How crushed rocks can help stem global climate change
[July 27, 2021: International Institute for Applied Systems Analysis]
Crushed basalt is applied to an arable field in Norfolk as part of the research programme of the Leverhulme Centre for Climate Change Mitigation. (CREDIT: Dr. Dimitar Epihov)
To reach the long-term temperature goals of the Paris Agreement, it is imperative to actively remove carbon dioxide (CO2) from the atmosphere and permanently store it – thus achieving so called negative emissions. This poses a tremendous challenge: how can we realize negative emissions at a sufficient scale and pace using technologies that are technically reliable, cost-effective, sustainable, and publicly acceptable?
A suite of different negative emission technologies have been proposed, among which the most promising ones capitalize on the ability to manage ecosystems for increased carbon sequestration and aim to strengthen the ability of, for example, plants and soil to absorb more carbon from the atmosphere than it releases.
In their new article just published in Nature Geoscience, an international research team led by the Laboratory for Climate and Environmental Sciences (LSCE) and including several IIASA researchers explored the use of finely ground silicate rock powder.
Rock powder has long been used to improve the physical properties of soil, such as water retention, drainage, aeration, and structure, but it has not before been applied for CO2 removal. The researchers posit that the large-scale application of rock powder has potential as a method to rapidly upscale carbon removal as it can easily be co-deployed in existing land systems. The principle behind this negative emission technology is to enhance the natural reaction of CO2 with rocks and minerals on the Earth’s surface as they break down or dissolve through the natural process of weathering. The process involves grinding silicate minerals to a powder and spreading it on the land surface where it reacts with CO2 and removes it from the atmosphere – a process known as the abiotic carbon dioxide removal pathway. Among the potential candidates, basalt stands out, as it is not only an abundant rock resource that has a high weatherability, but also contains plant nutrients that are key to a second biological CO2 removal pathway, which has now been quantified for the first time.
“In a wide range of ecosystems, the fixation of CO2 during photosynthesis by plants and its storage in biomass and soils is constrained by low soil fertility. By spraying nutrient deficient ecosystems with basalt powder, which slowly releases nutrients during weathering, the nutrient constraints could theoretically be lifted and ecosystem carbon storage promoted,” explains coauthor and IIASA researcher, Sibel Eker.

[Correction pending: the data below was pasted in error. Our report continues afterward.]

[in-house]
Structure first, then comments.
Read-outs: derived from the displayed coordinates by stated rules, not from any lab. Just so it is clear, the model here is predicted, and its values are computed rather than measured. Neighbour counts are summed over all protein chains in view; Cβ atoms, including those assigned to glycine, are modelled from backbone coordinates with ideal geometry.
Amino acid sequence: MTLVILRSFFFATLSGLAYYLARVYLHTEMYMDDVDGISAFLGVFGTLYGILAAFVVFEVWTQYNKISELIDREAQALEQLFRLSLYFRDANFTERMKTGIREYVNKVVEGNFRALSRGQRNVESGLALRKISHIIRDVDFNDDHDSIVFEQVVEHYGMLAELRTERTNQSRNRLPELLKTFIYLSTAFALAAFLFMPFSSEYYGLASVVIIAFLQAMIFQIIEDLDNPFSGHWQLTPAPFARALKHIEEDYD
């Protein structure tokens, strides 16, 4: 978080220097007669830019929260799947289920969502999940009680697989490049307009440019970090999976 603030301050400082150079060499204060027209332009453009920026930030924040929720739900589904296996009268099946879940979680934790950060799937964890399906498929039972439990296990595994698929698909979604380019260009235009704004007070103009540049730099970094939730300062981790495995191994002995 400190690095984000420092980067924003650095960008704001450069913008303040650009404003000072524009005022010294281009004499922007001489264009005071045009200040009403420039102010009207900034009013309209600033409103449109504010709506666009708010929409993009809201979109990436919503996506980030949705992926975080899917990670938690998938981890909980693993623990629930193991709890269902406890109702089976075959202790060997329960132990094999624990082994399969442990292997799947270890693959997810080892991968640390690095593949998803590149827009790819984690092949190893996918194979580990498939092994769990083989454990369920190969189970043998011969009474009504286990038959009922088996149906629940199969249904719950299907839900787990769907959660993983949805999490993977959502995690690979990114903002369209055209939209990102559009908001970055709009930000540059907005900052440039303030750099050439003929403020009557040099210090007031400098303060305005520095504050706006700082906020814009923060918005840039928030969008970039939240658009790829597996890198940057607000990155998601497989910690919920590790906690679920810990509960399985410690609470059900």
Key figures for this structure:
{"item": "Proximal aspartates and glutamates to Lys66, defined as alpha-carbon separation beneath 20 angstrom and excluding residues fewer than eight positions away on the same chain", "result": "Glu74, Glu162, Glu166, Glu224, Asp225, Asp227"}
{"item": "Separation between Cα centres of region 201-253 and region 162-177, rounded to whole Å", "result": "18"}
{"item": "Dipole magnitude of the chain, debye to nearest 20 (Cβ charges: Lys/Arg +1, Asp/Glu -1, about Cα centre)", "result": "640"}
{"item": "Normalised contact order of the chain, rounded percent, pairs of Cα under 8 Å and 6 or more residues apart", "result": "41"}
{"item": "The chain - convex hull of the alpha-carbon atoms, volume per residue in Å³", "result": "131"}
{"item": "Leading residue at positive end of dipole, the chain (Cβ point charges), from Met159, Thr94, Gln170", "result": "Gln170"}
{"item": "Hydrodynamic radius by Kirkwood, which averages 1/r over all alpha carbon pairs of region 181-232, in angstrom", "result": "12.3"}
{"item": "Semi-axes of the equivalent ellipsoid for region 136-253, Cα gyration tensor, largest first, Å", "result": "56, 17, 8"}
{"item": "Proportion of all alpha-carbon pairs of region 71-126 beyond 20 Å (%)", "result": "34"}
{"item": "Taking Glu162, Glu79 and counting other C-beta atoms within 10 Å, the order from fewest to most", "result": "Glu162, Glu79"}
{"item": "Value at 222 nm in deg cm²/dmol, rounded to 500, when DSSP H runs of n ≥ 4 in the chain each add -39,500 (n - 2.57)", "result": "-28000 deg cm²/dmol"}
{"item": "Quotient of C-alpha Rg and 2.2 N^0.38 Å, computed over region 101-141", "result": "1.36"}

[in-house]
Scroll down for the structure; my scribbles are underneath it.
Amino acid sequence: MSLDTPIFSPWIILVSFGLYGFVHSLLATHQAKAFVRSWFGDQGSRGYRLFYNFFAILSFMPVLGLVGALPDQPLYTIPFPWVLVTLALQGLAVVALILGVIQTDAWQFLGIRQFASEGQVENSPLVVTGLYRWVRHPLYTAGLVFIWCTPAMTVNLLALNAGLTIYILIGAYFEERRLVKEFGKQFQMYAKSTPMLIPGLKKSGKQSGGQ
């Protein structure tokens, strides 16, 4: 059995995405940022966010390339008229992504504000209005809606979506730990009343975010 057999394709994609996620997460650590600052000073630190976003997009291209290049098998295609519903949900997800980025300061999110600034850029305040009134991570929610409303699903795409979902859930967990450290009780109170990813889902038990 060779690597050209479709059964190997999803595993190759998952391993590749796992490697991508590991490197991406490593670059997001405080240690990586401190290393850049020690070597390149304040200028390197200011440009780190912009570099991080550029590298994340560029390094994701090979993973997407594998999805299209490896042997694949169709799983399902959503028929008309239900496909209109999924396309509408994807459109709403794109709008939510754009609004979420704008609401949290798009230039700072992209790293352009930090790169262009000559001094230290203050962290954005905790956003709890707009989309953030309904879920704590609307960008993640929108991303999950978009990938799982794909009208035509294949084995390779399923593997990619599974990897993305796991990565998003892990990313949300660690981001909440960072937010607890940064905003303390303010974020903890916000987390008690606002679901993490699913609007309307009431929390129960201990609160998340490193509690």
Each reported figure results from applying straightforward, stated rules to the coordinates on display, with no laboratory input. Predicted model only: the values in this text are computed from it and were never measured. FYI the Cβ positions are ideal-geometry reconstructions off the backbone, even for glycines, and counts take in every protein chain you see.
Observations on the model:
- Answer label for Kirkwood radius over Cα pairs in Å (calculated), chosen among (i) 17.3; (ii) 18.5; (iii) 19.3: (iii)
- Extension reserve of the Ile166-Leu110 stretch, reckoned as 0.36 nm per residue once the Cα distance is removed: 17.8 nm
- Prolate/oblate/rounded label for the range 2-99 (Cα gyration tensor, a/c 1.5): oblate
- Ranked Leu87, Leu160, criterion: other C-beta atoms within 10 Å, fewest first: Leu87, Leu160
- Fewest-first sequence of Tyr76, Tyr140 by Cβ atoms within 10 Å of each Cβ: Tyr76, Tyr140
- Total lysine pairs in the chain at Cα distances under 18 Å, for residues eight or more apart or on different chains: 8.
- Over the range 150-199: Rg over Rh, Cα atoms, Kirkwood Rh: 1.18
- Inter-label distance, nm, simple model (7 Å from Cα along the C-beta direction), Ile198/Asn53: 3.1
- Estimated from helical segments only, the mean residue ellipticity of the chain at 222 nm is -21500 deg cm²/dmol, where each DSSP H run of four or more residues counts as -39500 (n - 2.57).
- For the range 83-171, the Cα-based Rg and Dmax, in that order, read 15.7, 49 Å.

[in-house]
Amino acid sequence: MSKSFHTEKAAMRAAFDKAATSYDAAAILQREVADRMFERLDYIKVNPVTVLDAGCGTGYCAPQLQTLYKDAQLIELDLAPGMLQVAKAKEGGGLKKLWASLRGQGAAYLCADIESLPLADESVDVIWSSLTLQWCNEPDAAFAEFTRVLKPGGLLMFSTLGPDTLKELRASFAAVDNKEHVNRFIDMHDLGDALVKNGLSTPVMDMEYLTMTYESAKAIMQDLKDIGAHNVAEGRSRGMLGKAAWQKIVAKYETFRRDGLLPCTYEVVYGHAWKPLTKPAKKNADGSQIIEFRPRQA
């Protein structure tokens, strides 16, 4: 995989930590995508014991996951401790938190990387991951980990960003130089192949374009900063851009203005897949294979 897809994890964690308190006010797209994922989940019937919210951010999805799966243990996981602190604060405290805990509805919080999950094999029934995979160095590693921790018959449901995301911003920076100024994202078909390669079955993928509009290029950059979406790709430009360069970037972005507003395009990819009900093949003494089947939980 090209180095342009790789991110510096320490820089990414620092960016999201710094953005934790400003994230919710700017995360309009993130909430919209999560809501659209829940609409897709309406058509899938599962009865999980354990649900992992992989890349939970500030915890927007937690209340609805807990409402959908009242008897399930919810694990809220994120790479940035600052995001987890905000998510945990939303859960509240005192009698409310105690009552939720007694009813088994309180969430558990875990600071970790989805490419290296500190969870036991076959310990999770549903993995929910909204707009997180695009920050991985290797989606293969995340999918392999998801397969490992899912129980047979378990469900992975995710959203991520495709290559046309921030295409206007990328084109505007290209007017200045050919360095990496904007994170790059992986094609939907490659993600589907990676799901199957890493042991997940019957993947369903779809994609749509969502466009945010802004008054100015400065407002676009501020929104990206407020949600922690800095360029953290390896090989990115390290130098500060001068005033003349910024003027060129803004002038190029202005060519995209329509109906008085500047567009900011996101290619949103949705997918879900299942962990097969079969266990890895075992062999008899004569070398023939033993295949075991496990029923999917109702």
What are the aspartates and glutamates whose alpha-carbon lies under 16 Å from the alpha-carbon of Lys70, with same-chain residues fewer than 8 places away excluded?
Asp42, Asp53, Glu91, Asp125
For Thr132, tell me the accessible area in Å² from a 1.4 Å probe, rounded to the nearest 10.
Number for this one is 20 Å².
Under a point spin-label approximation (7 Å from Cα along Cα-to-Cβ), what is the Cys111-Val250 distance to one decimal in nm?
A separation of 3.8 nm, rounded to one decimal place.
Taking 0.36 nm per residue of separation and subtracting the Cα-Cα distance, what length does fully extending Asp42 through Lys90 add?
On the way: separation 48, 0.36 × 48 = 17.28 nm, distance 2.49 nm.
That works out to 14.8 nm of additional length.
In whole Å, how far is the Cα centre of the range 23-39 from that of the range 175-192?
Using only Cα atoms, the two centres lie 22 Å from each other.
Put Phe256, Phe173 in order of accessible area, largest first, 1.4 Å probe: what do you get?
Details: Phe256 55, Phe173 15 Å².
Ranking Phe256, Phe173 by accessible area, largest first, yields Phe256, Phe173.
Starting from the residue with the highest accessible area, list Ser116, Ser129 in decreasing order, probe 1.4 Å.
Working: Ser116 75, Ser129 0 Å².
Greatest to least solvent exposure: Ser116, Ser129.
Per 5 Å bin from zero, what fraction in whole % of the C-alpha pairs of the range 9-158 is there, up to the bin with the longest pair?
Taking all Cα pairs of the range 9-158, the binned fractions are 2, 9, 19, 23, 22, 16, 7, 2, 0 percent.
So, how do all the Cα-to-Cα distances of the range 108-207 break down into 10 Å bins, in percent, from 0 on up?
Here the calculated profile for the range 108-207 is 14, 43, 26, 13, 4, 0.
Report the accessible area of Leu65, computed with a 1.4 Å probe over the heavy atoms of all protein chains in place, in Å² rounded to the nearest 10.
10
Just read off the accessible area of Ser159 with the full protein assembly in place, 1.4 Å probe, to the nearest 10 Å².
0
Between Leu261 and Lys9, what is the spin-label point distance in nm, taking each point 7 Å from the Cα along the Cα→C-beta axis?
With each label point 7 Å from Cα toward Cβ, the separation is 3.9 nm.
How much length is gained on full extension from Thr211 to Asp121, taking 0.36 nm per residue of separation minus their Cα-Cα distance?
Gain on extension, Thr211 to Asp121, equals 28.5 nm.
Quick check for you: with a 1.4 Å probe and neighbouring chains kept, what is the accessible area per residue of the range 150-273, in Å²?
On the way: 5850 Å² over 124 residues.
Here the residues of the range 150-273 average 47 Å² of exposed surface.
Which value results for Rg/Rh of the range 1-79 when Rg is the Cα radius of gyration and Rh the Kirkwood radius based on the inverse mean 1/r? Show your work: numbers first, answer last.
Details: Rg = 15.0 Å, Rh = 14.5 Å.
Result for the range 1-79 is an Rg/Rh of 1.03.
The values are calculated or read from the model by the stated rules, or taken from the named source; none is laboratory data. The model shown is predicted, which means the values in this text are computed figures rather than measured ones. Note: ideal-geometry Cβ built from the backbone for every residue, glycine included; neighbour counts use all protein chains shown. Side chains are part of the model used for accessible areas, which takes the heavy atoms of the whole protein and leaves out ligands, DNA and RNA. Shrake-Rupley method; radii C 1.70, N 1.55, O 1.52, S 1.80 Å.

The study specifically explored this previously overlooked biological CO2 removal pathway. While previous assessments have primarily focused on fertile agricultural land where existing infrastructure can be adopted for the spreading of rock dust, the research team focused on natural ecosystems with impoverished soils.
To do so, the team used a comprehensive numerical model of the biosphere to simulate the CO2 removal ability of rock powder, accounting for both the abiotic and the biotic pathways. They found substantial CO2 removal of up to 2.5 gigaton of CO2 per year, of which about 50% was due to the biosphere response to rock powder. The largest CO2 removal rates were found in regions which have previously been considered unsuited for rock powder.
“Our findings render the global physical and economic CO2 removal potential of basalt substantially larger than previously suggested,” notes study coauthor Michael Obersteiner, a senior IIASA researcher and Director of the Environmental Change Institute at Oxford University.
The team further used information on the costs of rock powder production, transport, and application. Assuming the use of airplanes equipped to spray rock powder, the costs of CO2 removal were found to be moderate – around US$150 per ton of CO2 removed, which is lower than earlier estimates due to the additional sequestration through the biological pathway.
The authors point out that achieving sufficiently high net CO2 removal will require upscaling of basalt mining, deploying systems in remote areas with a low carbon footprint (like drones or airships), and using energy from low carbon sources. Based on the findings, the researchers argue that basalt soil amendment should be considered a prominent option when assessing land management mitigation options for mitigating climate change, but yet unknown side-effects, as well as limited data on field-scale deployment, need to be addressed first.
“Pilot studies should focus on degraded systems and afforestation projects to test for potential negative side effects. If rock powder can enhance the CO2 removal in existing managed systems, it will help to reduce pressure on natural ecosystems elsewhere,” concludes study lead author Daniel Goll, who is jointly associated with the University of Augsburg in Germany and LSCE in France.
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